According to Forbes, Apple Music Could Wreck Your iTunes Library:
At its heart, Apple Music is a simple proposition. For your monthly subscription fee, Apple will offer you access to a library of over 30 million tracks. You can listen, explore, and discover to your heart's content, and you can take that music with you wherever you go. But subscribing to Apple Music and making full use of the streaming service requires a sacrifice.
You have to hand over control of your iTunes music library to Apple and hope that Cupertino's arrogance will preserve your music collection.
[...] The issue that is upsetting many Apple users is that moment when you turn on iCloud Music for the first time and your tracks are synced to the cloud. Apple's methodology on this is not clear, but from reports and feedback from users across the internet, it appears that Apple's view of metadata and what the 'correct' track is, will take precedence over your custom edits.
The Verge's Chris Welch highlights his preference of listening to early tracks from The Beatles in mono format (just as they were recorded) rather than the automatic matching services' preferences for stereo versions. Support forums talk of collections approaching 20,00 songs becoming corrupted and full of duplicate entries, incorrect meta-data overwriting current entries, album art switched out to show the wrong albums, and more stories of personal pain.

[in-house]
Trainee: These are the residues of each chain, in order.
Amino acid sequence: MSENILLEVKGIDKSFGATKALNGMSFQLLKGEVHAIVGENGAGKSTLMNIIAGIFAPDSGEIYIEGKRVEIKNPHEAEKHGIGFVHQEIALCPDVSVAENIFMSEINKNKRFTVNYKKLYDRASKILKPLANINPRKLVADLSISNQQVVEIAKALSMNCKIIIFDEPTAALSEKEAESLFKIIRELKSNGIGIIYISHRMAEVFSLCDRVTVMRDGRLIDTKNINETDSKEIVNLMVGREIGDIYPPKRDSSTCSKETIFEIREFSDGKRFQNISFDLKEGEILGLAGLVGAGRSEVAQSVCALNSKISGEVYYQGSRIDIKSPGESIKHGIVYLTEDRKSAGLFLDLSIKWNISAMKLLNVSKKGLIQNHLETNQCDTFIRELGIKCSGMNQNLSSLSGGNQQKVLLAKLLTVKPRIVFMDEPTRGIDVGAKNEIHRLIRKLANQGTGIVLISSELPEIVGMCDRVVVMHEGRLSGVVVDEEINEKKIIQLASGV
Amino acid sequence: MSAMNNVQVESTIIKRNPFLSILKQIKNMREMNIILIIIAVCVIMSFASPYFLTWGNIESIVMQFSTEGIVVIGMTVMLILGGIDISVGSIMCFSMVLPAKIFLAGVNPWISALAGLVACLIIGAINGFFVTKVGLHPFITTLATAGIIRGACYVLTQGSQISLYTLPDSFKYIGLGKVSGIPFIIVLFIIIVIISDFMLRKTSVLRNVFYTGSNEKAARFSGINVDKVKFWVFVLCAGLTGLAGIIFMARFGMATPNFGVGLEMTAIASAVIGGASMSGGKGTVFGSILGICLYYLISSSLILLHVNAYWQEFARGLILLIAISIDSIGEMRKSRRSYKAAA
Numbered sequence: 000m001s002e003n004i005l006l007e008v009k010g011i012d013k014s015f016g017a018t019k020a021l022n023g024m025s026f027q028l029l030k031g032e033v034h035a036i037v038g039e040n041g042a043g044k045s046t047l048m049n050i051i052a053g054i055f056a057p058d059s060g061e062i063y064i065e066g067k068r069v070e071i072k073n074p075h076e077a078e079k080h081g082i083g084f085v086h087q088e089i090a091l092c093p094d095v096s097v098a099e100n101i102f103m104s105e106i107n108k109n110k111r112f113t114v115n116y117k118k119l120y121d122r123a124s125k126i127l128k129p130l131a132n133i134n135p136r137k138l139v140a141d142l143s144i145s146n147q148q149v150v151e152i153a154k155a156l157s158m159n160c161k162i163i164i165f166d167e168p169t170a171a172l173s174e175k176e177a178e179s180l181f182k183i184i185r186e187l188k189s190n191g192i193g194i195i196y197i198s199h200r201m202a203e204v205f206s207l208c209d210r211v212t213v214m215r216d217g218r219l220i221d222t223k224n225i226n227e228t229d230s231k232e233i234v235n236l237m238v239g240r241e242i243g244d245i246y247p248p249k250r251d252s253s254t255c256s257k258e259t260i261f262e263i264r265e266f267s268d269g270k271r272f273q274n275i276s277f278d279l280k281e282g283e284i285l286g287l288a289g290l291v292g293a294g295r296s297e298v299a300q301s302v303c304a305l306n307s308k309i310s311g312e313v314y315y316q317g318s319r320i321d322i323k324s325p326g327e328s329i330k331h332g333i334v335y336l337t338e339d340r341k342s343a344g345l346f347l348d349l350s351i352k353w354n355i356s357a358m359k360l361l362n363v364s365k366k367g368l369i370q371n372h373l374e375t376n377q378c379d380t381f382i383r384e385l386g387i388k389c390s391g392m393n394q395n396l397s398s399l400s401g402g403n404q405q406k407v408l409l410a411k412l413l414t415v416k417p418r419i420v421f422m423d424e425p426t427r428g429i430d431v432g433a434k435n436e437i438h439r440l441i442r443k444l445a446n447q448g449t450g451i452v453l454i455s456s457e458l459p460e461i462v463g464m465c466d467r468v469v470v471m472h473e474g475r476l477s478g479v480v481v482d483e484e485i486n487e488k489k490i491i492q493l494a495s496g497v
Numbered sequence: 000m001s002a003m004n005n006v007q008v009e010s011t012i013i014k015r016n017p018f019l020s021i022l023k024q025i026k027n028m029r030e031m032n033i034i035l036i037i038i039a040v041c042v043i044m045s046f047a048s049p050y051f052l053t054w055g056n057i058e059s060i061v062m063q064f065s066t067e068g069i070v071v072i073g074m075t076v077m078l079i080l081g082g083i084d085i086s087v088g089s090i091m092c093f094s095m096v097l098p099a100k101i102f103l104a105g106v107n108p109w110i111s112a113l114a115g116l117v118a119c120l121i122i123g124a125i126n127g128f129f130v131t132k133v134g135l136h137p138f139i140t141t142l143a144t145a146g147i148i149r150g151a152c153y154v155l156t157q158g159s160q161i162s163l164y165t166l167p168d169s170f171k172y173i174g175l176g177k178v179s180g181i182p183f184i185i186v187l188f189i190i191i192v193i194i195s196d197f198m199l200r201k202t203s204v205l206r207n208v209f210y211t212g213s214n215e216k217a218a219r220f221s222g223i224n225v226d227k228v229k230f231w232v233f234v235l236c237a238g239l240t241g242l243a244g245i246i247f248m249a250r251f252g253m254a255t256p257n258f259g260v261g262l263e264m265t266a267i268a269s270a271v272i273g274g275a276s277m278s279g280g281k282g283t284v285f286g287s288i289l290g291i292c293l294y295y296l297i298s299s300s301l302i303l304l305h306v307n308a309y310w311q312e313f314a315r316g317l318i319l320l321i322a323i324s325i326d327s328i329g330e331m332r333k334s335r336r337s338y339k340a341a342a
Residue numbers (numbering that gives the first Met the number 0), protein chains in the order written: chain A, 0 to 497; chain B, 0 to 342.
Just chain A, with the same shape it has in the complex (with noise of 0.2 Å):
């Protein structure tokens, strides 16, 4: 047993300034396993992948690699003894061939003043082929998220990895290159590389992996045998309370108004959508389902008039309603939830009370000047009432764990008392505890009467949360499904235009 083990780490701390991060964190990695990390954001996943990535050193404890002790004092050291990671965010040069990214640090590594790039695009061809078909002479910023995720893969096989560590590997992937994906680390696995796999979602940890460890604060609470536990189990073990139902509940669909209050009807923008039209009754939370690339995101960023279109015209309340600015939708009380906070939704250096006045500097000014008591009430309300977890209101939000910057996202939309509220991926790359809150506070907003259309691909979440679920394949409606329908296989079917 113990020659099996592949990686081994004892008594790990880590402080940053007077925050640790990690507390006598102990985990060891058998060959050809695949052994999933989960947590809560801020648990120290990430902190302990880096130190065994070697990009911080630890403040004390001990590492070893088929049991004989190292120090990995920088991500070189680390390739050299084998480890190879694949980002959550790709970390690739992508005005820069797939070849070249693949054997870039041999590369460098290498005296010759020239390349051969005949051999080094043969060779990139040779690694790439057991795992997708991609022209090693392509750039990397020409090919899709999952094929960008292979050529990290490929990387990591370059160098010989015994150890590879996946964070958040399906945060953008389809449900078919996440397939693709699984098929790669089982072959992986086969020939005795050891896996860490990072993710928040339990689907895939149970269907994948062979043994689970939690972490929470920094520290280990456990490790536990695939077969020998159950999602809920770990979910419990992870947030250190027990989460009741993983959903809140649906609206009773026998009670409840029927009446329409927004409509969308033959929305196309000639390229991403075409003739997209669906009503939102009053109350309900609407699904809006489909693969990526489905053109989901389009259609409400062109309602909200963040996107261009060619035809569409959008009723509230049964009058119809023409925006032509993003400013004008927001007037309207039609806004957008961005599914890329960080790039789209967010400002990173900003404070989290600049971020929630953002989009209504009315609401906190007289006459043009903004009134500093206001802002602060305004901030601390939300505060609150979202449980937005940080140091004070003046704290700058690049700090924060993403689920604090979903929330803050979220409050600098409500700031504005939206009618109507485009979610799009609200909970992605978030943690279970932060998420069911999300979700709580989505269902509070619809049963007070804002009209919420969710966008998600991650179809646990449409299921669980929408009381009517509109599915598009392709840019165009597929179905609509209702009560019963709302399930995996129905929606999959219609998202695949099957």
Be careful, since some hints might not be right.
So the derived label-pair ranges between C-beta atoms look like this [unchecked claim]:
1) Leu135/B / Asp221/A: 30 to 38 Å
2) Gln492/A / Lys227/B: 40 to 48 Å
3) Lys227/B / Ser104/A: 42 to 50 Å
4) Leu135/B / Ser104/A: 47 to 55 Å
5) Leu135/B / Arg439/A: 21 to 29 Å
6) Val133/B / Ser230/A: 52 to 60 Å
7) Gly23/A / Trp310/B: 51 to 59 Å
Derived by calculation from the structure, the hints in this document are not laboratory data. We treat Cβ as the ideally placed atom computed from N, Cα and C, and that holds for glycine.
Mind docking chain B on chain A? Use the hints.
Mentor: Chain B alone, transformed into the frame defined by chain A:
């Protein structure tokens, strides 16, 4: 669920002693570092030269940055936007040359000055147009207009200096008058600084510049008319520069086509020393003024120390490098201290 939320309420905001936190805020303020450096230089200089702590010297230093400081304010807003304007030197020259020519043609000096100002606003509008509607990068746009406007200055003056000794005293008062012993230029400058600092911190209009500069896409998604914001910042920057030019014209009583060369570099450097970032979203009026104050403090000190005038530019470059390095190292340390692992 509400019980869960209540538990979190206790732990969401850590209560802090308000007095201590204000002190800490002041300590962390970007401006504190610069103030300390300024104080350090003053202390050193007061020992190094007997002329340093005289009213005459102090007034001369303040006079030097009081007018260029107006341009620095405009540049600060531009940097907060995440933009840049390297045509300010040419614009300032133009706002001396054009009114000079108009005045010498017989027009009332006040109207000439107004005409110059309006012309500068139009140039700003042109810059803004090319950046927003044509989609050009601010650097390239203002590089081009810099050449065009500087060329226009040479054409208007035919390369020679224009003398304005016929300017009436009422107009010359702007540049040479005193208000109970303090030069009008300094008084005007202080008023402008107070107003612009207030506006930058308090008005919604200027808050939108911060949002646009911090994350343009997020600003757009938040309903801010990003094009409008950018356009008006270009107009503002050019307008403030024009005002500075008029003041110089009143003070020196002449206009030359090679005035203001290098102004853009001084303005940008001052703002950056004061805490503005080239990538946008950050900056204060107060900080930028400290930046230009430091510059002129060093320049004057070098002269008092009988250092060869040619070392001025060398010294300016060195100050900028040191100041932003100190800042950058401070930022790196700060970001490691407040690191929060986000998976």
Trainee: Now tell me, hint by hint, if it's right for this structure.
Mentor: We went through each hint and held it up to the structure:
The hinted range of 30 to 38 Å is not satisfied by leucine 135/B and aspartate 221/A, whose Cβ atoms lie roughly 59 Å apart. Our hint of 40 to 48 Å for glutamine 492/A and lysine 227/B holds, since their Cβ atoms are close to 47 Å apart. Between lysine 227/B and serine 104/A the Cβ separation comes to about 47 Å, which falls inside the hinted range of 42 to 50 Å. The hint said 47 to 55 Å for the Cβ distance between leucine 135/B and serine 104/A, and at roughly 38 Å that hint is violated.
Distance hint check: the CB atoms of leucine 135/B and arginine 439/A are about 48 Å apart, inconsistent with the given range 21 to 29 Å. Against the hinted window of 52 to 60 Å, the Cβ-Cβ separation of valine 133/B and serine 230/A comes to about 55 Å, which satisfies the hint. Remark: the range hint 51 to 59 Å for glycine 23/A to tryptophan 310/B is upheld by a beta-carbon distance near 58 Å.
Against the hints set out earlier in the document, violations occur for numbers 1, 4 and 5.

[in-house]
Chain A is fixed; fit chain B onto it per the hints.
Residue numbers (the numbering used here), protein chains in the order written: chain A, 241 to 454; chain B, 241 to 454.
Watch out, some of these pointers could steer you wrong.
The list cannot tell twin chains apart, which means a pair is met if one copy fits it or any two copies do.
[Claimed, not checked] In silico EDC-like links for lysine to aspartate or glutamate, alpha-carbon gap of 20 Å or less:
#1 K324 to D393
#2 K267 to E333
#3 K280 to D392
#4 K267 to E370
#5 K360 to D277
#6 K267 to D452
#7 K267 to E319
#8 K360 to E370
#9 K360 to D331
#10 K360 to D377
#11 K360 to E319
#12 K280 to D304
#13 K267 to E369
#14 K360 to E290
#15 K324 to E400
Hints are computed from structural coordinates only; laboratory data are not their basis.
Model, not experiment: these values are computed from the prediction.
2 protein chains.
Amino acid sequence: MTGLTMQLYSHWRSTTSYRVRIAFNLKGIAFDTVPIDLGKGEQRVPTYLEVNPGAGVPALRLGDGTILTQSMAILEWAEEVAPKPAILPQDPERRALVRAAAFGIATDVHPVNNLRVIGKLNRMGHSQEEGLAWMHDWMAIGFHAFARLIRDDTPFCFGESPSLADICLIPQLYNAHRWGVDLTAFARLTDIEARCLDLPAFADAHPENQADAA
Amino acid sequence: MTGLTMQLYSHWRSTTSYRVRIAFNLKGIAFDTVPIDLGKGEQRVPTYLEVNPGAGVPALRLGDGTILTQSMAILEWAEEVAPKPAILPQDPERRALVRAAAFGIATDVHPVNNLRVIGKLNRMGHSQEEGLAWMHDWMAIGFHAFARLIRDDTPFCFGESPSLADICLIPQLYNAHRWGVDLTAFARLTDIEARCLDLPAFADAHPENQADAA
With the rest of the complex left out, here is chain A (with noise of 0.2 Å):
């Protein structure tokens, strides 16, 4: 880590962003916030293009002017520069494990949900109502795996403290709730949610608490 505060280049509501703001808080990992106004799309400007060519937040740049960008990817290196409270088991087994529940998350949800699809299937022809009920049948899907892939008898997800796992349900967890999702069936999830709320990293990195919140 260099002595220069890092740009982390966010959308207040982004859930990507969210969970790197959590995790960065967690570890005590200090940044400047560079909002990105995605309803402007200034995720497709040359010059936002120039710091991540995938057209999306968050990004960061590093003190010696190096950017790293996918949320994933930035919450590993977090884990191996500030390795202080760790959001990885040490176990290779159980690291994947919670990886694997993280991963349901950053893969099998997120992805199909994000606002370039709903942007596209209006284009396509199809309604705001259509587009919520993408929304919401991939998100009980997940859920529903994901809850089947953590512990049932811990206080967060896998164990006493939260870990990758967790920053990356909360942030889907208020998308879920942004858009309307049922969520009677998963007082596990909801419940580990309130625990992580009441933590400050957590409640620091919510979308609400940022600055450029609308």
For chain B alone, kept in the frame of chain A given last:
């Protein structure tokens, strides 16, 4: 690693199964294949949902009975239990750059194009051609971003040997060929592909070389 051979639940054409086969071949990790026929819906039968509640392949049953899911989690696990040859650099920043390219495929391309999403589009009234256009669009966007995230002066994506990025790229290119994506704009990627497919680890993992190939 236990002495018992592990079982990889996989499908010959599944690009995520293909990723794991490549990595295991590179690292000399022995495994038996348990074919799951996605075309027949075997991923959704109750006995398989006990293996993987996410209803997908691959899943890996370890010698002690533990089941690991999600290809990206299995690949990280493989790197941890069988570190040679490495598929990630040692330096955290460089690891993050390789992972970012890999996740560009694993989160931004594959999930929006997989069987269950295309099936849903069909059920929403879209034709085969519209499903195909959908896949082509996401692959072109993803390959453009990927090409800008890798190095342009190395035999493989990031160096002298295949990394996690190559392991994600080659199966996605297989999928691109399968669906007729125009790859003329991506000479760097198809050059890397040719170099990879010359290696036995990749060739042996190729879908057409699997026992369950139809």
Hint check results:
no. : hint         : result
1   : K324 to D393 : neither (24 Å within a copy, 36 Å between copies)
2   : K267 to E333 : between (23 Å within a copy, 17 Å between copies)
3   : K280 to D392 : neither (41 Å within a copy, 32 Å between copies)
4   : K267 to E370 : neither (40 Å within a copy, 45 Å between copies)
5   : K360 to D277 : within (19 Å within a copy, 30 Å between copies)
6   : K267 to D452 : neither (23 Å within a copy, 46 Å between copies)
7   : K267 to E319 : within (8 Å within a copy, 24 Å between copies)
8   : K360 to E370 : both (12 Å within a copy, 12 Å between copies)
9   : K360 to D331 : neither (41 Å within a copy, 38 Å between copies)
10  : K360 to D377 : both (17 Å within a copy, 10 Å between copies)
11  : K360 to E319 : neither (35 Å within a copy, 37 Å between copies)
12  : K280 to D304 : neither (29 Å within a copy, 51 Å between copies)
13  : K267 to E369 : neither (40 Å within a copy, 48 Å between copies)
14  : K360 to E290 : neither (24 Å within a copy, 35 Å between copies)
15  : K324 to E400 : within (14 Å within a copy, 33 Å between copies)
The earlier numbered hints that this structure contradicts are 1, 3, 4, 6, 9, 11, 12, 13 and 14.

(Score: 2) by VLM on Monday July 06 2015, @11:47AM
I've been involved in a lot of stereotypical ETL and conversion type projects and what happens is all piles of data have a certain quantity of garbage. Now under normal states there is a complicated repulsive effect that resembles the field lines of about 10 magnetic north poles pushing against each other that makes the blame game calm, unmoving, statically stable. Lets say 5% of the data is garbage, and everyone has gotten used to which data is garbage, who makes more garbage or less than average, people have processes for dealing with certain forms of garbage from certain groups, etc.
Anything that any ETL or conversion process does will dynamically change the layout and distribution of garbage. Even if you can prove that you're decreasing the garbage rate from 5% to 1%, everyone involved in the previous static system will SCREAM at the conversion team because they all had deals and understandings with each other and they have none with the conversion team so dogpile them. It can also be super disruptive to company operations because now you have a large cleanup team with nothing to do anymore, and a small undiscovered new source of garbage that'll none the less usually require more cleanup personnel and effort although some MBA claimed you'd save money in the long run, well, supposedly. You need a pretty thick skin in this line of work.
This situation is just a personal version. Some moron has completely F-ed up metadata, well, so what, he's not going to complain about himself. Someone else overwrites his wrong metadata with metadata that is a hundred times less F-ed up, he's going to whine like a baby about every little mistake in the "other" metadata.
This is all compounded by the effect that "my" stuff is a lot more important to me than a zillion people's "casual glance" opinion about the same stuff. If a hundred people don't care about something being screwed up and one does care, then its going to be screwed up. This is the well known "democratic STEM" problem where you can't figure out complicated STEM problems by doing something like running a popular election at Walmart.